Even under the new bill, a potential employer is allowed to:

  • Consider salary, benefits, and other compensation information if an applicant reveals this information voluntarily and without prompting; and
  • Discuss expectations regarding salary, benefits, or other compensation.

Penalties include a fine of up to $125,000 for an unintentional violation of the law and a fine of up to $250,000 for a “willful, wanton or malicious” violation. If a potential employee brings a civil lawsuit, then he or she will be eligible for back-pay, compensatory damages, and attorneys’ fees as well.

What to Do

Employers should start reviewing their policies and procedures now in order to eliminate any questions regarding salary history. Employers should also ensure that the human resources department and any employees who conduct interviews know not to raise the subject of an applicant’s current or former salary, benefits, or other compensation. You may want to train interviewers on what to do if an applicant volunteers prior salary information—to make sure that same applicant doesn’t later claim he or she was prompted to do so. Finally, you probably want to beef up your recordkeeping on why you didn’t hire someone so it is clearly not related to their prior salary or refusal to provide it.

From the Tinfoil Hat Files: Plaintiff Sleeping on the Job Claims Sensitivity to Electromagnetic Voltage

Sleeping at a desk

The 7th Circuit, in a short opinion issued April 6, zapped a plaintiff’s claim that he was terminated in violation of the ADA based on his condition of being overexposed to electromagnetic voltage at his job. Mr. Hirmiz, a desk clerk at a Travelodge hotel, was caught on video sleeping during a fight that broke out among guests in the lobby. He was fired. Mr. Hirmiz sued the hotel claiming that his employer failed to accommodate his disability–hypersensitivity to electromagnetic voltage. He also alleged that his termination was in retaliation of his filing a complaint with OSHA that the hotel had high-voltage levels. The lower court dismissed his case because he failed to show that he was actually disabled under the ADA and could not show that his OSHA complaint played any role in the termination.

Judge Posner, in a fairly short opinion, agreed with the lower court’s dismissal. He noted that there is a scientific debate about whether allergies to electromagnetic voltage are a physical disorder or a psychological one. The judge pointed out that if it is a psychological disorder, the symptoms might not rise to the level of substantially limiting a major life activity, which is required to qualify as a disability under the ADA. The analogy Judge Posner used is the fear of black cats—a psychological disorder that likely wouldn’t qualify. The 7th Circuit opinion noted that Mr. Hirmiz didn’t provide any proof to show that he was suffering from such an impairment.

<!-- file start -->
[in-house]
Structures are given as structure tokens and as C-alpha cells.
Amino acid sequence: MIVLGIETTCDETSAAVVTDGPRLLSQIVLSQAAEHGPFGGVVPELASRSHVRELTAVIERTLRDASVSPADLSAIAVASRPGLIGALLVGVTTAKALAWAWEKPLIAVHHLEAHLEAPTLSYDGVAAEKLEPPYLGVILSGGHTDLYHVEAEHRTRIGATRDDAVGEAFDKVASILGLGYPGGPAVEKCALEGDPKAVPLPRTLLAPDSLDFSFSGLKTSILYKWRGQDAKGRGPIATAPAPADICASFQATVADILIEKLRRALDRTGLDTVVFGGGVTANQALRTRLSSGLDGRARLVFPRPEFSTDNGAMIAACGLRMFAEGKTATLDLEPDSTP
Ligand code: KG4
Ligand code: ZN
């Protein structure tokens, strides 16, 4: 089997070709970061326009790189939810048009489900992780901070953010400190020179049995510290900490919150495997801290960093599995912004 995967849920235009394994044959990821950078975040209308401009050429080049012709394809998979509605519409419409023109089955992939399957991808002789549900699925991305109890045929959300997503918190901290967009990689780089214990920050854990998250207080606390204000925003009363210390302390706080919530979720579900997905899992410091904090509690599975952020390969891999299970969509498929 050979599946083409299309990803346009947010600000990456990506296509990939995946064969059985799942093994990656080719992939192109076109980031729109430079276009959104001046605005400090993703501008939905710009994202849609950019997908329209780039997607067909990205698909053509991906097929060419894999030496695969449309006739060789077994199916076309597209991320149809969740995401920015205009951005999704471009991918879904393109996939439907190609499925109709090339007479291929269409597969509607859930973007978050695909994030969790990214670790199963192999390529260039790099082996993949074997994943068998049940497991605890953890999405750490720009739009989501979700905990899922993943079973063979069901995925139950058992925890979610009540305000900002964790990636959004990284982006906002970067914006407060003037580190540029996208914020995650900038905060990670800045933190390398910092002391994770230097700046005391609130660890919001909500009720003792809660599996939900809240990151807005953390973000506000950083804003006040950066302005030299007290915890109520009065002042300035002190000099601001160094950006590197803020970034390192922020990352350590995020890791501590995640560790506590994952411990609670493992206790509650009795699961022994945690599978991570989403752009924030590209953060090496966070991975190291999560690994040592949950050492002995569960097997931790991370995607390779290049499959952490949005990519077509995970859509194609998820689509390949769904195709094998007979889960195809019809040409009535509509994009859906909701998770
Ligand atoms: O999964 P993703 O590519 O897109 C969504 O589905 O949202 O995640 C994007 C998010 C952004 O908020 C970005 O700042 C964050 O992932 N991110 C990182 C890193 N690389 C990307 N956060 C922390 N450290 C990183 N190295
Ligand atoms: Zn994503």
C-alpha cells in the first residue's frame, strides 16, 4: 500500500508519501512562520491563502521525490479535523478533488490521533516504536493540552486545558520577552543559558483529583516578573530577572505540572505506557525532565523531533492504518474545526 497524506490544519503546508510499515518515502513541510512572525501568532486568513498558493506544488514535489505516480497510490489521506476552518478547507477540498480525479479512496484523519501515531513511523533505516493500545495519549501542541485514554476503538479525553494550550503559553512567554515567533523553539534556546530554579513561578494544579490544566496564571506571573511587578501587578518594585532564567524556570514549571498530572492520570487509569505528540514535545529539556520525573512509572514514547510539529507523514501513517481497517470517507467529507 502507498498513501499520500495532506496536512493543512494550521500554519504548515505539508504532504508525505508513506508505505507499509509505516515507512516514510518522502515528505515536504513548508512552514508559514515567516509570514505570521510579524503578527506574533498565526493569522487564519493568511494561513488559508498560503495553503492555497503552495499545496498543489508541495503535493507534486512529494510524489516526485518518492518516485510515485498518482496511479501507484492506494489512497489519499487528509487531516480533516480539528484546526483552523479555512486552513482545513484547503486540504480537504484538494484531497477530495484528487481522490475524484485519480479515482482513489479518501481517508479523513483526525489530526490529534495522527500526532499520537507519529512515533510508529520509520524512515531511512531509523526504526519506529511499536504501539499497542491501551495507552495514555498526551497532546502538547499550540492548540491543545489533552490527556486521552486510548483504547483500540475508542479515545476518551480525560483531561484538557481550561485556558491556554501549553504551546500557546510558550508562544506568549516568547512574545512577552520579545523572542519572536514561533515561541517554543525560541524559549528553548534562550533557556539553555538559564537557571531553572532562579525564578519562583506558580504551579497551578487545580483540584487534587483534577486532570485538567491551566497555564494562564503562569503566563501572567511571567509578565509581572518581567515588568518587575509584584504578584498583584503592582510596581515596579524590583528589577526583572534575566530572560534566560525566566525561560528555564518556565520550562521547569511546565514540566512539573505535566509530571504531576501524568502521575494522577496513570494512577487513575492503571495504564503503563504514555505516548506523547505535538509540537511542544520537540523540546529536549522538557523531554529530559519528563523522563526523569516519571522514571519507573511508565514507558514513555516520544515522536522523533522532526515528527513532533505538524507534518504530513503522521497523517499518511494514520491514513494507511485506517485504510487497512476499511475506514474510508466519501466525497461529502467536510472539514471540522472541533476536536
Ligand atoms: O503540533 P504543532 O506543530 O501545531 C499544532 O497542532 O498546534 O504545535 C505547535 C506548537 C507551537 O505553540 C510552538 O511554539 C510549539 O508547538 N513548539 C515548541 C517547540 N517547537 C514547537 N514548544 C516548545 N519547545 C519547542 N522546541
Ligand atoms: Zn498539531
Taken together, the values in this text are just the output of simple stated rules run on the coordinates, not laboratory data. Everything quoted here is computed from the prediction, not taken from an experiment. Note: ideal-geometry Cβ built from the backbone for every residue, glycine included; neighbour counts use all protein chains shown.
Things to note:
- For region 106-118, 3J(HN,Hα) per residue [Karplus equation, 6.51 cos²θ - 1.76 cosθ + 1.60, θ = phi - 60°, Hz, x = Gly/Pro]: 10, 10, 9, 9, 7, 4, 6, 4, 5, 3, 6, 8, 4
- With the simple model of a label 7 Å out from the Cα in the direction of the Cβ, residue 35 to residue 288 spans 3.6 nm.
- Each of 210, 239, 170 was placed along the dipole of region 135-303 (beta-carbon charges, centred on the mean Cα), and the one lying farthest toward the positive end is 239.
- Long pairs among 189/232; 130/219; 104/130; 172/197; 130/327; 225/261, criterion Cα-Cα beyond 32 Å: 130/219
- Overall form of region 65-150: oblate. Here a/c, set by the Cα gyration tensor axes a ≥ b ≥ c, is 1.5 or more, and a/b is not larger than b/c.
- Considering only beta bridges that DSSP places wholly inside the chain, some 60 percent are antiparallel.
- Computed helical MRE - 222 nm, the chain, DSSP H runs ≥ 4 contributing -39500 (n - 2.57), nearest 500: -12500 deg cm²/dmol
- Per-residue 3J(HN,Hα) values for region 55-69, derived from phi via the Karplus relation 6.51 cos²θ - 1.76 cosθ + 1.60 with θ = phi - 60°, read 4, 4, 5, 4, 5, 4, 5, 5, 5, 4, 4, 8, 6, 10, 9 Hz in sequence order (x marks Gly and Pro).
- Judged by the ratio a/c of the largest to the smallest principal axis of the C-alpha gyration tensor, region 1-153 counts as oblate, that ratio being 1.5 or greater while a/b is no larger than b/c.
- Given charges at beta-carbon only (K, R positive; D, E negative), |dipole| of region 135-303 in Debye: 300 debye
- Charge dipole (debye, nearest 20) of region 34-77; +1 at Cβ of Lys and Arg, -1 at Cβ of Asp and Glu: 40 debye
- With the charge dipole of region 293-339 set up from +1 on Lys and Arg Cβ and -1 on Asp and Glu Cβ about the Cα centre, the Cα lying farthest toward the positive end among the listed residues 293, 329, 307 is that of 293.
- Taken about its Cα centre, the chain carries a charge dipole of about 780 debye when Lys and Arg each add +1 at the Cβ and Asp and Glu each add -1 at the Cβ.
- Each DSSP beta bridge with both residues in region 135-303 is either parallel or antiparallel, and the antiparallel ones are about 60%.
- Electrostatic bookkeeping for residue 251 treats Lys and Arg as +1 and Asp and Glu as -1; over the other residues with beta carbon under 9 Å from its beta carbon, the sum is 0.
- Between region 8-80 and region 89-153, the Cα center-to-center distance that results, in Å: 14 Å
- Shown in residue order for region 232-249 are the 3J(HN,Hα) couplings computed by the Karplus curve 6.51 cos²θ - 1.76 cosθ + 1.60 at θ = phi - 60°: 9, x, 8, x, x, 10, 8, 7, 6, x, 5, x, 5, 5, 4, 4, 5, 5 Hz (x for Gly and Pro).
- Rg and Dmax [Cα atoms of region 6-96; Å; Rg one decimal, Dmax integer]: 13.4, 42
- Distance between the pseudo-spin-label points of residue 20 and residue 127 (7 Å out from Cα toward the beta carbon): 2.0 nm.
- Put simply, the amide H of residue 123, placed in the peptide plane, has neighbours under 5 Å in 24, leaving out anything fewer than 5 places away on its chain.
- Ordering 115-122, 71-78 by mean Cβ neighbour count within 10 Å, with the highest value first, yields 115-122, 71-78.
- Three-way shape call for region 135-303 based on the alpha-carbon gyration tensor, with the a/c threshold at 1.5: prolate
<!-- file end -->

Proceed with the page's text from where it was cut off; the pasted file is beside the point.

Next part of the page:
On the retaliation claim, Judge Posner found that Mr. Hirmiz had not sought any accommodation for his alleged disability and didn’t file any charge with the EEOC until after he was fired. He couldn’t show any causal link between the OSHA complaint and his termination (in fact, OSHA tested the hotel and found all levels to be normal). The hotel had a valid reason, unrelated to his alleged disability, for firing him—-he was sleeping on the job. As such, the 7th Circuit affirmed the dismissal of his case.

This decision shows that although it may seem like courts take a broad view of what constitutes a disability, plaintiffs still have to meet the burden of showing that they suffer from an impairment that substantially limits a major life activity. Sometimes a sleeping employee is just that—-a sleeping employee.

Don’t Be Chatty about FMLA Leave

gossiping coworkersIf you’re not careful, a casual reference to an employee’s FMLA leave might give rise to an FMLA interference claim. A recent Florida case, Holtrey v. Collier County Bd. of Commissioners, reminds us that you can get into trouble—and violate an employee’s rights—despite proper record keeping if an employee with access to those records discloses sensitive medical information about another employee’s FMLA leave.

Basic FMLA Rules

Generally, eligible employees are entitled to up to 12 weeks of FMLA leave in a 12- month period and they get to return to their position at the end of the leave. There’s also no question that FMLA regulations  require an employer to keep confidential an employee’s medical records and information related to an employee’s FMLA leave. In fact, you must maintain medical records separately from personnel records.

So What Happened in Florida?